Dates in Use: 1972 1995 (QIC DC600); 1990-1995 (G2000 tape); 1995 present

    (Travan cartridge)

Dimensions: 3.5-inch or 5.25-inch cartridges, with up to 1500 ft. of tape.

    Storage Capacities: 250 MB 50 GB

Media Variations and/ or Identifying Features: QIC is a linear format that was popular in

    the eighties and early nineties. They were available in the standard sizes, DC600 and

    DC2000, and were later replaced by QIC-Wide and Travan.

Common Manufacturers: Athana, Verbatim, Imation.

Associated Harrdware: Single-capstan drive units containing magnetic read/write heads

    and electronics for read/write, motion control, and system interface functions. These

    drives are packaged in both 3.5-inch and 5.25-inch form factors.

Sources:

Digital Preservation Management: Implementing Short-Term Strategies for Long-Term

    Problems. “Chamber of Horrors: Obsolete and Endangered Media”

    http://www.library.cornell.edu/iris/tutorial/dpm/oldmedia/tapes.html [accessed Oct. 23,

    2007].

QIC Tape Solutions. http://www.qic.org/. [Accessed 2 November 2007].

Digital Data Storage (DDS) tape

Media type: Magnetic tape

Date Introduced: 1989 by Sony and HP

Dates in Use: 1989 - present

Physical Dimensions: 7.3cm x 5.4 cm x 1.0cm cartridge, 4mm tape

Storage Capacities: 1.3 GB 80 GB

Media Variations and/or Identifying Features: DDS is a helical scan technology that uses

    the same 4mm metal particle tape as digital audio tape (DAT). Computer-grade DDS tape, however, must meet strict ANSI standards with a much lower Bit Error Rate than most

    DAT tape.

Common Manufacturers: Sony, Maxell, TDK, Fujifilm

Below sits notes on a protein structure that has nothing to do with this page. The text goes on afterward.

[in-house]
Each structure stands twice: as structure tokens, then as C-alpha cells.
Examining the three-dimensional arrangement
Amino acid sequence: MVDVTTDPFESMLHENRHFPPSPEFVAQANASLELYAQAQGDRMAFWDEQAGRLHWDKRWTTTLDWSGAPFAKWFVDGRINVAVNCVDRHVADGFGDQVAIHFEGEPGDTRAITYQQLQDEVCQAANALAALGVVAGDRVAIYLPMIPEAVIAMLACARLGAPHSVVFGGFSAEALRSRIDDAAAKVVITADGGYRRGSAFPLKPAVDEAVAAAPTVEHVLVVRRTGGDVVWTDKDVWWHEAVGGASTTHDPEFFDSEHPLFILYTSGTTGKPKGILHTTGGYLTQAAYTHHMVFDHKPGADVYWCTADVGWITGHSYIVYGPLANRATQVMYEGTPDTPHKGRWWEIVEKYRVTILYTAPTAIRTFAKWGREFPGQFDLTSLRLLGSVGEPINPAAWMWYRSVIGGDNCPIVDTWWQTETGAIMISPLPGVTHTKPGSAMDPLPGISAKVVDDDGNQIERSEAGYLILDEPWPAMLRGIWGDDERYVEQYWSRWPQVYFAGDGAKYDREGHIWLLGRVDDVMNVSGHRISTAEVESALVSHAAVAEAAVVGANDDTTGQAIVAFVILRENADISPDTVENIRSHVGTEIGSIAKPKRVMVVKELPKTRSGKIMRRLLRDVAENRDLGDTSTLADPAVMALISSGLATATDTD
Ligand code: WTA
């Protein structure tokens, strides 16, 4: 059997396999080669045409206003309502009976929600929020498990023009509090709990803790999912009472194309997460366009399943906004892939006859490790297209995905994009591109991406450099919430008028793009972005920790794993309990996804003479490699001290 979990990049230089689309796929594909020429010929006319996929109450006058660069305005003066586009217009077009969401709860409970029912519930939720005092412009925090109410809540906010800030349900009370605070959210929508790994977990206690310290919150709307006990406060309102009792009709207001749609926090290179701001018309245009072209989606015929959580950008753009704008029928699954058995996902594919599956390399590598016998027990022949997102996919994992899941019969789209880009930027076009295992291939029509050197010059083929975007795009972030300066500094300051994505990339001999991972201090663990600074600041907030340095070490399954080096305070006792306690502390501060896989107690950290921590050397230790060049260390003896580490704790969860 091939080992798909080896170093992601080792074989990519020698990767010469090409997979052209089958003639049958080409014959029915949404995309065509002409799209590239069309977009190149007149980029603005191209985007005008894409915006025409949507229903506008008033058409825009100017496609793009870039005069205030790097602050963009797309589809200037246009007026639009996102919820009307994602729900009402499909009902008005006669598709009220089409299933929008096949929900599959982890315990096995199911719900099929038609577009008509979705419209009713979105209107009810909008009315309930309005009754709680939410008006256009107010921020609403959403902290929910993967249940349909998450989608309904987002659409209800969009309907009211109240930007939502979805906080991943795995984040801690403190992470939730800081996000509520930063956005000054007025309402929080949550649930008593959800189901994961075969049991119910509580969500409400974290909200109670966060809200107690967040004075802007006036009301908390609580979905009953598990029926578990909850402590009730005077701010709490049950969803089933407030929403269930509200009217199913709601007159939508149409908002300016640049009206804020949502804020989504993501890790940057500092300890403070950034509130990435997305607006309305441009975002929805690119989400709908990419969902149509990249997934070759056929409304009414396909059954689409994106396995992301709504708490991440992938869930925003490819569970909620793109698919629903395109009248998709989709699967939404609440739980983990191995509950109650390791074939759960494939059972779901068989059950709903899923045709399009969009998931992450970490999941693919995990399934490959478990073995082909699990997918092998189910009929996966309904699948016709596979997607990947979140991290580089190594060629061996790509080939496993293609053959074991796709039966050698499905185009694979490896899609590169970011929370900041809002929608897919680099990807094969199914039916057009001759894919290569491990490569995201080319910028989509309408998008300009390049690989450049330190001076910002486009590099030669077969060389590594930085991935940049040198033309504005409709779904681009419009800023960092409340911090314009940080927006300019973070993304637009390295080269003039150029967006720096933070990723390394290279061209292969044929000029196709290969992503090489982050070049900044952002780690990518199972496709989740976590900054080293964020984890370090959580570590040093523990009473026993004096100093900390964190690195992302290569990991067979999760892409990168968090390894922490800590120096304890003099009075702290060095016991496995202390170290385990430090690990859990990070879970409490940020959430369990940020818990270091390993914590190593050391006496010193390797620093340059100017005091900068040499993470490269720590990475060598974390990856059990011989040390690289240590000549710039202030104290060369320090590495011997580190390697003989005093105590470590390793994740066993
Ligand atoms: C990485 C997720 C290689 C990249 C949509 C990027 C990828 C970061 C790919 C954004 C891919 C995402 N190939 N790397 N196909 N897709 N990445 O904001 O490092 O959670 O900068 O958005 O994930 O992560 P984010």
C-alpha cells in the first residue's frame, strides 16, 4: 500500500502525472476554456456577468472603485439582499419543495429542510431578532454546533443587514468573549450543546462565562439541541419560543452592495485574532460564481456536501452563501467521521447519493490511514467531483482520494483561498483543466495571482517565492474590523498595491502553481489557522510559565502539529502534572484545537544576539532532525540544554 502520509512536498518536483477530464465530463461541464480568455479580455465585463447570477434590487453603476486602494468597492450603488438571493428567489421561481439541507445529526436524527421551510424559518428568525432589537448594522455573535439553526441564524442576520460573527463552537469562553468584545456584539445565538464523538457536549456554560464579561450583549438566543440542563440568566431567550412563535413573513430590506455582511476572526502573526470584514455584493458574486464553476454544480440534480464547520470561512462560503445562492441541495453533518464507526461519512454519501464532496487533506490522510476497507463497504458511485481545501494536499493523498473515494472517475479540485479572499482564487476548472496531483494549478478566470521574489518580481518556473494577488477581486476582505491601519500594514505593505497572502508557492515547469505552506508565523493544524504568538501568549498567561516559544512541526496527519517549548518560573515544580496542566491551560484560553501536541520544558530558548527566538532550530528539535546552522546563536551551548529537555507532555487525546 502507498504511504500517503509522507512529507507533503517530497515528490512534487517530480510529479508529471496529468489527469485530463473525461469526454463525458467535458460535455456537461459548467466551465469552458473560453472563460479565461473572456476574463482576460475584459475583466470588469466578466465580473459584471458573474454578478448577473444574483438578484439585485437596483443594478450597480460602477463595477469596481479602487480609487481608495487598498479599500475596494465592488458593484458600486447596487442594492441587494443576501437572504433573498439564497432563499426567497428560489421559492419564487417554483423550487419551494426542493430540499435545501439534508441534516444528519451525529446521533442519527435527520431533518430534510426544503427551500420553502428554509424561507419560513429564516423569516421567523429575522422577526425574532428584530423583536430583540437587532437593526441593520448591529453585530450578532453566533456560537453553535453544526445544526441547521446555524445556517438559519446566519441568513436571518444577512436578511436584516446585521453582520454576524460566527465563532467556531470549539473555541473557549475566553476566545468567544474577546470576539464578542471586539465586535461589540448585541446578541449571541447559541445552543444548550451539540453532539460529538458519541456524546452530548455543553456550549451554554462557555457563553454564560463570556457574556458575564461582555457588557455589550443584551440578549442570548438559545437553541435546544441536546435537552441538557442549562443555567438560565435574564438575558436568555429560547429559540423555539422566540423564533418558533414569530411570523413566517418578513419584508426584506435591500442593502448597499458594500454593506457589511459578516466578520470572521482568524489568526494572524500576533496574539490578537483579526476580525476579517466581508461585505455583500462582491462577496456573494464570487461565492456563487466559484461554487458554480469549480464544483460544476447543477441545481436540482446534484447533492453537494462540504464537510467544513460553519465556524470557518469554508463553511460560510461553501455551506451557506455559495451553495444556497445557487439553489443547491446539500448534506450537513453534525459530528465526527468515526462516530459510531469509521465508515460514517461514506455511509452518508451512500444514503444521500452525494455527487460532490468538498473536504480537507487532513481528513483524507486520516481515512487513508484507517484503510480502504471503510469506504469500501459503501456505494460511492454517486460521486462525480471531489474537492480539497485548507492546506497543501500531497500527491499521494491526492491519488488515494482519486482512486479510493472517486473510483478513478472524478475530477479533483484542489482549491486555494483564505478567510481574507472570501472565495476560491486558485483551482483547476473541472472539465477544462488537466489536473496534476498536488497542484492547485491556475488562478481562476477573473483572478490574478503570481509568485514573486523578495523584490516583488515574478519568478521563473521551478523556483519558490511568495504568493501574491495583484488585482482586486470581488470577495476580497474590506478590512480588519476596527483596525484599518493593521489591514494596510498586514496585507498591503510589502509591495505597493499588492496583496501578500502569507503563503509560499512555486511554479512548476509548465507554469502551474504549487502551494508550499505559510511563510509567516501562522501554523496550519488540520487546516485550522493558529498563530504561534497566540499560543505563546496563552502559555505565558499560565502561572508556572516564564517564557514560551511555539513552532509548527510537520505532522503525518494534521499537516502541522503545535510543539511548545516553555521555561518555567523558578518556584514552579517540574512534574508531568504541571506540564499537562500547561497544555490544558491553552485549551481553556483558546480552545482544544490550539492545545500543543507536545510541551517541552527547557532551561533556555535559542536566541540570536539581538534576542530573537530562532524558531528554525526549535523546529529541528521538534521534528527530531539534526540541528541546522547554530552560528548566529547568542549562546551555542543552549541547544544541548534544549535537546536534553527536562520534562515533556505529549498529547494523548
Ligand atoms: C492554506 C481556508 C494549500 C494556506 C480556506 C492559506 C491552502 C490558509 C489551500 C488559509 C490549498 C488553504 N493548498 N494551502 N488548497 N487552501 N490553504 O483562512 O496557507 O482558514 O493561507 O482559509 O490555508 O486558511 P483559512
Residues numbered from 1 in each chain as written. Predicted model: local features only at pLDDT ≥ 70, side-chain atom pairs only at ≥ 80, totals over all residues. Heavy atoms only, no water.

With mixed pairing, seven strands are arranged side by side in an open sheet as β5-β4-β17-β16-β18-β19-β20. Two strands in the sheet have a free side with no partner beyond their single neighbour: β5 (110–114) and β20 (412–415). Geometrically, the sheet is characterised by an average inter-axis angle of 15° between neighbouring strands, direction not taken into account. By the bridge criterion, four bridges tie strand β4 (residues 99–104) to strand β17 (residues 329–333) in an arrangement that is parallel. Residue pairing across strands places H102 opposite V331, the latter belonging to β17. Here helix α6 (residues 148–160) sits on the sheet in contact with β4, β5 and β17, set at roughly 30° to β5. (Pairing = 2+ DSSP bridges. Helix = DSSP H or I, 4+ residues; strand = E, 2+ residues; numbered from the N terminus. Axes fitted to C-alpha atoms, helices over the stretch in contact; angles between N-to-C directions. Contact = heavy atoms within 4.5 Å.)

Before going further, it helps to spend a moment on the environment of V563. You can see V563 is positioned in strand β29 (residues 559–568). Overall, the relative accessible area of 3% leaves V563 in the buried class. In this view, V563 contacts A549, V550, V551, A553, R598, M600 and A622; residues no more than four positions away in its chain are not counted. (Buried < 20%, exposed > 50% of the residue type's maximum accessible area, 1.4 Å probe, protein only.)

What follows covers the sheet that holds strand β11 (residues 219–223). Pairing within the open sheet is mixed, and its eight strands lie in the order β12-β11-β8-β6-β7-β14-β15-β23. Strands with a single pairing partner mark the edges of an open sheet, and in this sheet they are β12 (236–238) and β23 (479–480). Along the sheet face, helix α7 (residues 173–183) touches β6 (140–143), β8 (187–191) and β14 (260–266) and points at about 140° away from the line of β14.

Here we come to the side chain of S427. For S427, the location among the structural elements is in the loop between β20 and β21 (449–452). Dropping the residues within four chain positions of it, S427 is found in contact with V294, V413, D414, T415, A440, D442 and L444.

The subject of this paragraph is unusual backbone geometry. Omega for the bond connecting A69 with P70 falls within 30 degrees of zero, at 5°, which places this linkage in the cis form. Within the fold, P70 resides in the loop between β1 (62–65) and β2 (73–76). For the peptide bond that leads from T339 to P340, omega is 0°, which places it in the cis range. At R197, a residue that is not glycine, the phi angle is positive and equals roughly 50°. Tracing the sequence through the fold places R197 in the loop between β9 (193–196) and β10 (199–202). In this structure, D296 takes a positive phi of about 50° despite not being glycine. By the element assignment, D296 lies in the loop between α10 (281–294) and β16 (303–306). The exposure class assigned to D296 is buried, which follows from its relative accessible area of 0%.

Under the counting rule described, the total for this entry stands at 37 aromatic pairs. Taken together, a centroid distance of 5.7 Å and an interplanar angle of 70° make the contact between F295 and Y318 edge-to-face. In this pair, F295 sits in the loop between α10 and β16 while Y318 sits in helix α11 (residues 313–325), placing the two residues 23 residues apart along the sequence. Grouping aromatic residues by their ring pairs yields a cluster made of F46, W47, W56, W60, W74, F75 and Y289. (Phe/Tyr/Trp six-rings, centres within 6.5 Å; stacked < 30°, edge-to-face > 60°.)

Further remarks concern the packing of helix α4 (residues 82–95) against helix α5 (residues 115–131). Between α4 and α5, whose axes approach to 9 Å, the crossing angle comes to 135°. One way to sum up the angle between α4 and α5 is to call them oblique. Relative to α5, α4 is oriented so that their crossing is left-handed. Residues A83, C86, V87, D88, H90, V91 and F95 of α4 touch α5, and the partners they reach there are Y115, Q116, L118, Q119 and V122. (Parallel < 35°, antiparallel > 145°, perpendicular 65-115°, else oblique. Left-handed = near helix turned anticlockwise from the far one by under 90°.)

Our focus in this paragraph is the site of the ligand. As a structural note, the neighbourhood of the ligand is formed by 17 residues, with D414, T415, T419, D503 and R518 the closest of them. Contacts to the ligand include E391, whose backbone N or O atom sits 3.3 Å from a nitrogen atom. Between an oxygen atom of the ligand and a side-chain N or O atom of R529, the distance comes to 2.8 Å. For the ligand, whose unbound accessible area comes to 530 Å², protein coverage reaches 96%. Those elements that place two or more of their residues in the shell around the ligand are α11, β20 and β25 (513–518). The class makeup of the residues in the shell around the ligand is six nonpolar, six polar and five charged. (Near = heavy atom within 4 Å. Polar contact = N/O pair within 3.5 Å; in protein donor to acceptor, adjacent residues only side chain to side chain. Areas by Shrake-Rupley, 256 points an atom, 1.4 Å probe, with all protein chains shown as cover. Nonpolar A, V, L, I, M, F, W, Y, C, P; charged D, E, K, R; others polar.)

Sources:

Avery, Lynne. “A Brief History of Tape.” Exabyte.

    www.exabyte.com/support/online/documentation/whitepapers/history.pdf [accessed 2 November 2007].

    DAT Manufacturers Group Website. http://www.datmgm.com/ [Accessed 2 November 2007].

Digital Preservation Management: Implementing Short-Term Strategies for Long-Term

    Problems. “Chamber of Horrors: Obsolete and Endangered Media”

    http://www.library.cornell.edu/iris/tutorial/dpm/oldmedia/tapes.html [accessed Oct. 23, 2007].

Digital Linear Tape (DLT)

Media Format: Magnetic Tape

Date Introduced: 1985 (as TK50) by Digital Equipment Corporation (DEC)

Dates in Use: late 1980s - present

    Dimensions: approx. 4”x4”x1” cartridge, with 1/2” linear tape

Storage capacity (native/compressed): 35/70 GB (DLT 7000); 40/80 GB (DLT

    8000); 110/200 GB (SuperDLT)

Media Variations and/or Identifying Features: Data is recorded linearly, forming

    multiple parallel tracks along tape. Developed for client/ server environments and

    network backup. Features low-tension linear recording path, multiple channel

    read/write system, high capacity, data integrity. Backwards compatible through

    generations of DLT tape products.

Common Manufacturers: Quantum, Fujifilm

Sources:

Campbell, Brad. “Digital storage device: DLT Drive” MIAP Student Work Archive.

    http://www.nyu.edu/tisch/preservation/program/student_work/index.shtml [accessed

    October 23, 2007].

Digital Preservation Management: Implementing Short-Term Strategies for Long-Term

    Problems. “Chamber of Horrors: Obsolete and Endangered Media”

    http://www.library.cornell.edu/iris/tutorial/dpm/oldmedia/tapes.html [accessed Oct. 23,

    2007].

Khurshdurov, Andrei. Essential Guide to Computer Data Storage: From Floppy to DVD.

    Prentice-Hall, 2001. Accessed online by subscription at

    http://safari.informit.com/0130927392/pref01